Fondazione per l'Avanzamento delle Ricerche in Medicina Molecolare - ONLUS

Get them some sleep, scientists say of young delinquents

asleepJuvenile delinquency among high school students may be partly linked to lack of sleep, researchers have found based on a new study.
Although a handful of past studies have suggested such a link could exist, little detailed information exists. The new analysis found that more serious forms of delinquency appear to become more common in relation to the severity of youngsters’ sleep deficit.


Ju­ve­nile de­lin­quen­cy among high school stu­dents may be partly linked to lack of sleep, re­search­ers have found based on a new stu­dy. (Pho­to cour­tesy Ve­ra Krat­och­vil)
The study re-examined 15-year-old da­ta from the Na­tional Lon­gi­tu­di­nal Study of Ad­o­les­cent Health, a fed­er­ally funded pro­ject that sur­veyed ad­o­les­cent health in the Un­ited States in rela­t­ion to a va­ri­e­ty of risky be­hav­iors.
The sur­vey sam­ple used for the study on sleep and de­lin­quen­cy en­com­passed 14,382 high school stu­dents—half ma­le, half fema­le, 63.5 pe­r­cent white.
Stu­dents who slept sev­en or few­er hours nightly re­ported “sig­nif­i­cantly more prop­er­ty de­lin­quen­cy,” such as van­dal­ism or theft, than stu­dents who slept the rec­om­mended eight to 10 hours, the au­thors of the new study re­ported. The findings ap­pear in the Oct. 10 is­sue of the Jour­nal of Youth and Ad­o­les­cence.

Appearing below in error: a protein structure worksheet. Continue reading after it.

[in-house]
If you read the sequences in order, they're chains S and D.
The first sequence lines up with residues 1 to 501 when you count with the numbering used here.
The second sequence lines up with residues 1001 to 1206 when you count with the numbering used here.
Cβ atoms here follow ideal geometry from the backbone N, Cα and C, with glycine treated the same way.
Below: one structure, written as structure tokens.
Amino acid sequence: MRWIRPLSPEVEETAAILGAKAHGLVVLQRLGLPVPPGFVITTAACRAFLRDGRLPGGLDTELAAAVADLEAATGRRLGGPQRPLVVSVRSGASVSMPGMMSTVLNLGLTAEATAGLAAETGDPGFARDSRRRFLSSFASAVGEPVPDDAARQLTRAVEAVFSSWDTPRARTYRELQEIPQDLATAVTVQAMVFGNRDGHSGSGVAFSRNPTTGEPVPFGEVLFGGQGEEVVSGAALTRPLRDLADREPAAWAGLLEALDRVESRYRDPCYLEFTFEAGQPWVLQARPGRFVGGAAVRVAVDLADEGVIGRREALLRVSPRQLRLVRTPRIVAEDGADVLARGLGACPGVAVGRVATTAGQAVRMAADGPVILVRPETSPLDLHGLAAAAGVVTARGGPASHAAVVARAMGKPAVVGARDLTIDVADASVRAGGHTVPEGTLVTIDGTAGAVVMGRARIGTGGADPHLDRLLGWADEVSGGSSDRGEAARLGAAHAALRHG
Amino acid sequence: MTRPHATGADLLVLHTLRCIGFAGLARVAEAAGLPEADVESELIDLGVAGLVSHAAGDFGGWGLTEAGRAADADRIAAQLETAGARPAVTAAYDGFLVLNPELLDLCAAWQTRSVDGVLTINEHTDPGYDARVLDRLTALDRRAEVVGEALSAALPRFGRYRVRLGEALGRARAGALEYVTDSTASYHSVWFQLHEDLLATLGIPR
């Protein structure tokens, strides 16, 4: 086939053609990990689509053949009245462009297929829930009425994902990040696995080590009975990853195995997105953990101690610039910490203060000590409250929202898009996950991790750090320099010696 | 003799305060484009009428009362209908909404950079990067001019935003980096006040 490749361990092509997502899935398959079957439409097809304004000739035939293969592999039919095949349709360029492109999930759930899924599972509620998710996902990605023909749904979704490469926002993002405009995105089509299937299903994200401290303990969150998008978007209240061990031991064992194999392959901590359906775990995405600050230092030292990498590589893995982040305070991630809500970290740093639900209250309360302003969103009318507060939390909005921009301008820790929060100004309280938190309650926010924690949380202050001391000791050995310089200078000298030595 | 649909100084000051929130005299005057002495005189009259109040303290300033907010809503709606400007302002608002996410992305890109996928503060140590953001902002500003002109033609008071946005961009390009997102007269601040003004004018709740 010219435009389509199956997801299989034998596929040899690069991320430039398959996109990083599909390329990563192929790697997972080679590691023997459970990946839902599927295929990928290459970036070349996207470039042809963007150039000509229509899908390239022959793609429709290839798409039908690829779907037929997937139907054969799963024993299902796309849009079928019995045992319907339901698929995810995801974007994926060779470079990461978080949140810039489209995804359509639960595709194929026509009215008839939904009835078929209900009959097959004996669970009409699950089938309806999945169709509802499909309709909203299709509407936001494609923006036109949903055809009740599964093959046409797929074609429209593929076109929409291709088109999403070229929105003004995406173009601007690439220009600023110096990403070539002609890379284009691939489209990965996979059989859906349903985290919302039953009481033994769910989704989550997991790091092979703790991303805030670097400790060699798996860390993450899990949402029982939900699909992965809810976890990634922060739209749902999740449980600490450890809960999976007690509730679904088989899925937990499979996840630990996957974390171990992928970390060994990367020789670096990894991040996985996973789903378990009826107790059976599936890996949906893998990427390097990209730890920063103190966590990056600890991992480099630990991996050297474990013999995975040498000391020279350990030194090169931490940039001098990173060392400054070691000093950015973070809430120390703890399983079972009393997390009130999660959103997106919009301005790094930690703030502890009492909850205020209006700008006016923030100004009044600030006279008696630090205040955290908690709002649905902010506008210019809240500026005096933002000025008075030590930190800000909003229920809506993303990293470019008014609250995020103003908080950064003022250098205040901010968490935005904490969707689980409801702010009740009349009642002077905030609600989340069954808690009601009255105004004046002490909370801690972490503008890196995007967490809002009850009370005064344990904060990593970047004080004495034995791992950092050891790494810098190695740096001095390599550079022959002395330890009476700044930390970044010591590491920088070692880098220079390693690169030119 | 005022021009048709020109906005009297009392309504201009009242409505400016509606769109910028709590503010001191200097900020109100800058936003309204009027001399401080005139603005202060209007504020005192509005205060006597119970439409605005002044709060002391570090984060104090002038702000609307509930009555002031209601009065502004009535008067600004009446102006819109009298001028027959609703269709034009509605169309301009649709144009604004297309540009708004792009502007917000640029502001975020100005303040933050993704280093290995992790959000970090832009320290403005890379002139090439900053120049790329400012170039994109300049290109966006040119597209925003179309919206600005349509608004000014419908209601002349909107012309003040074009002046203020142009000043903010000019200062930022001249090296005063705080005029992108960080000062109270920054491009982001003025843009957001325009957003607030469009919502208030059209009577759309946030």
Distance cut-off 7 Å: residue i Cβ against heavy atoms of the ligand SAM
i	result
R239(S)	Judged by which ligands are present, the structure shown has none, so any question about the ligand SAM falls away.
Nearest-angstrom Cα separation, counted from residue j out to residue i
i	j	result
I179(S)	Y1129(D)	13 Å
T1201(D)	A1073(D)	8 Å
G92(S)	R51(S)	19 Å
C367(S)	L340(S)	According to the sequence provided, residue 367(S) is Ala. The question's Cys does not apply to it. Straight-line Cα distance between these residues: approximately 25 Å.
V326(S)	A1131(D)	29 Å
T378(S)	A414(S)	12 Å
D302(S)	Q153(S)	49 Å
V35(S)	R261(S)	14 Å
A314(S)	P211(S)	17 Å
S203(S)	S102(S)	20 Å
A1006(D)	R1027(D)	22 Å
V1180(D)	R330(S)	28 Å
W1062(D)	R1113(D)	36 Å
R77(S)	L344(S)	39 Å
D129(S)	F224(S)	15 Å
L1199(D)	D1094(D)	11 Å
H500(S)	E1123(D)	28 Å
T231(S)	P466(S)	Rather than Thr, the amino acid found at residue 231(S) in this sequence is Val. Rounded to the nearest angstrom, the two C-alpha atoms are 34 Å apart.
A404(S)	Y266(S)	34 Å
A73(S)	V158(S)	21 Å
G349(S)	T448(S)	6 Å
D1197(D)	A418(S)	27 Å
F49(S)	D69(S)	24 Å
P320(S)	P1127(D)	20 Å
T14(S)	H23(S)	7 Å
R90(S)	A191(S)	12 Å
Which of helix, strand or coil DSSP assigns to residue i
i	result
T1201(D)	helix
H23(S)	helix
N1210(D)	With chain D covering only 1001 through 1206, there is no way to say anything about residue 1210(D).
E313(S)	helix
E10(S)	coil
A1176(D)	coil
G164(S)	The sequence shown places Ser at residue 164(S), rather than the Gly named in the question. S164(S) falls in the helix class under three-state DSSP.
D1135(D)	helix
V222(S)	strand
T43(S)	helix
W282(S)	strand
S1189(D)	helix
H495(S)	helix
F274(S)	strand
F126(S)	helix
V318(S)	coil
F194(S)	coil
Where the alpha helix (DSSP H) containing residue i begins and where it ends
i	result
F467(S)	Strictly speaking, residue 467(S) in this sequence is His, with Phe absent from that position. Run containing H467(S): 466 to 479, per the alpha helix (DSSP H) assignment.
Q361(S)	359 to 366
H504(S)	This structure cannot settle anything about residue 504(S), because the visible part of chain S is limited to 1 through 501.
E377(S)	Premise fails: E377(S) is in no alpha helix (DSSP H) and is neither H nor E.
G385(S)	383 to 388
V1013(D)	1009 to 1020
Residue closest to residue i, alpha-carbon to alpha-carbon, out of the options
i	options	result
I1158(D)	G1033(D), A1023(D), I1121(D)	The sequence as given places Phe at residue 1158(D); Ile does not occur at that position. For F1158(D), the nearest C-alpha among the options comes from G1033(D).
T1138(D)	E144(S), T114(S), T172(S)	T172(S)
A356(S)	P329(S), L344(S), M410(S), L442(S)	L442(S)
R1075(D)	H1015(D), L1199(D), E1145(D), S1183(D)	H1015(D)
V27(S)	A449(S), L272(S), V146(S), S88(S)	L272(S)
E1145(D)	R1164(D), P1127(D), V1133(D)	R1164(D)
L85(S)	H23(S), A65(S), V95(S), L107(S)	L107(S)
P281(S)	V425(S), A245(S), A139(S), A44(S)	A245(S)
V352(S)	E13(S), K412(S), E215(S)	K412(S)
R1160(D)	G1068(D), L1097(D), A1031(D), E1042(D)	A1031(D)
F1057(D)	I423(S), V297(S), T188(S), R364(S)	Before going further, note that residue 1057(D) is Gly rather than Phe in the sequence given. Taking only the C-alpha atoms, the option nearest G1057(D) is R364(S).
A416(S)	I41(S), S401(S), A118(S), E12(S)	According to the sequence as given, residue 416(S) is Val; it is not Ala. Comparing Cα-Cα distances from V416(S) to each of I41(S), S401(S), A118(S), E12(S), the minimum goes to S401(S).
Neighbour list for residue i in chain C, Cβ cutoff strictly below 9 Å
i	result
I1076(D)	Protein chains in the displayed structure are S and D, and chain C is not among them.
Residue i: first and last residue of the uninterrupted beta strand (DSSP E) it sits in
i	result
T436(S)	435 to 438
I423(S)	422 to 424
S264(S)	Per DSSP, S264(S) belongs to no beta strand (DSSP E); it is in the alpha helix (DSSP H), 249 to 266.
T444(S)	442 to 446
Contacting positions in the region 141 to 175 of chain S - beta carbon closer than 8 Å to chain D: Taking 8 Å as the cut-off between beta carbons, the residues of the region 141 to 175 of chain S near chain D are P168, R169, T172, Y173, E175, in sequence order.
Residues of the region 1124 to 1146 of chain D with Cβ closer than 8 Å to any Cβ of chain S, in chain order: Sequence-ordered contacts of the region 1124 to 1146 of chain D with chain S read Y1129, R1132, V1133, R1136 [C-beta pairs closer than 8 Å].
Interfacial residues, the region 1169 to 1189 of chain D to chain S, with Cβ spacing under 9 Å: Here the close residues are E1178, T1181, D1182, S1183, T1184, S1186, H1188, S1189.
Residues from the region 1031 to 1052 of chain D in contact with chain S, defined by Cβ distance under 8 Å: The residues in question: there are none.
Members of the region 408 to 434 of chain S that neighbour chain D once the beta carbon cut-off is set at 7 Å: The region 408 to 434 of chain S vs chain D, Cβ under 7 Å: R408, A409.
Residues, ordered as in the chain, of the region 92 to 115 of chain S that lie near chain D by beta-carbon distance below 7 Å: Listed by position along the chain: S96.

Those who slept five or few­er hours per night, meanwhile, “re­ported sig­nif­i­cantly more vi­o­lent de­lin­quen­cy,” wrote the re­search­ers, Sa­man­tha Clink­in­beard and col­leagues at the Uni­vers­ity of Ne­bras­ka at Oma­ha.
“Lack of sleep has been linked to a wide range of neg­a­tive de­vel­op­men­tal out­comes,” but “largely over­looked among re­search­ers in­ter­est­ed in ad­o­les­cent de­lin­quen­cy,” the group wrote.
Al­though the study could­n’t demonstrate that in­suffi­cient snooz­ing caused de­lin­quen­cy rath­er than, for ex­am­ple, the oth­er way around, “the find­ings sug­gest that sleep is an im­por­tant, and over­looked, di­men­sion of de­lin­quent be­hav­ior,” the re­search­ers wrote. They ar­gued that this as­pect de­serves fur­ther in­ves­ti­ga­t­ion.
The study did­n’t de­ter­mine wheth­er in­som­nia, home en­vi­ron­ment or oth­er fac­tors caused the sleep short­age pos­sibly linked to de­lin­quen­cy. But a smaller stu­dy, pub­lished in last De­cem­ber’s is­sue of the Jour­nal of Ge­net­ic Psy­chol­o­gy, found that “pos­sible in­som­ni­a” pre­dicted smok­ing, de­lin­quen­cy and drinking-and-driving among high school­ers.
“Sleep and oth­er rel­e­vant health be­hav­iors [should] be con­sid­ered in the con­text of more com­pre­hen­sive ap­proaches to de­lin­quen­cy pre­ven­tion and in­ter­ven­tion,” Clink­in­beard and col­leagues wrote.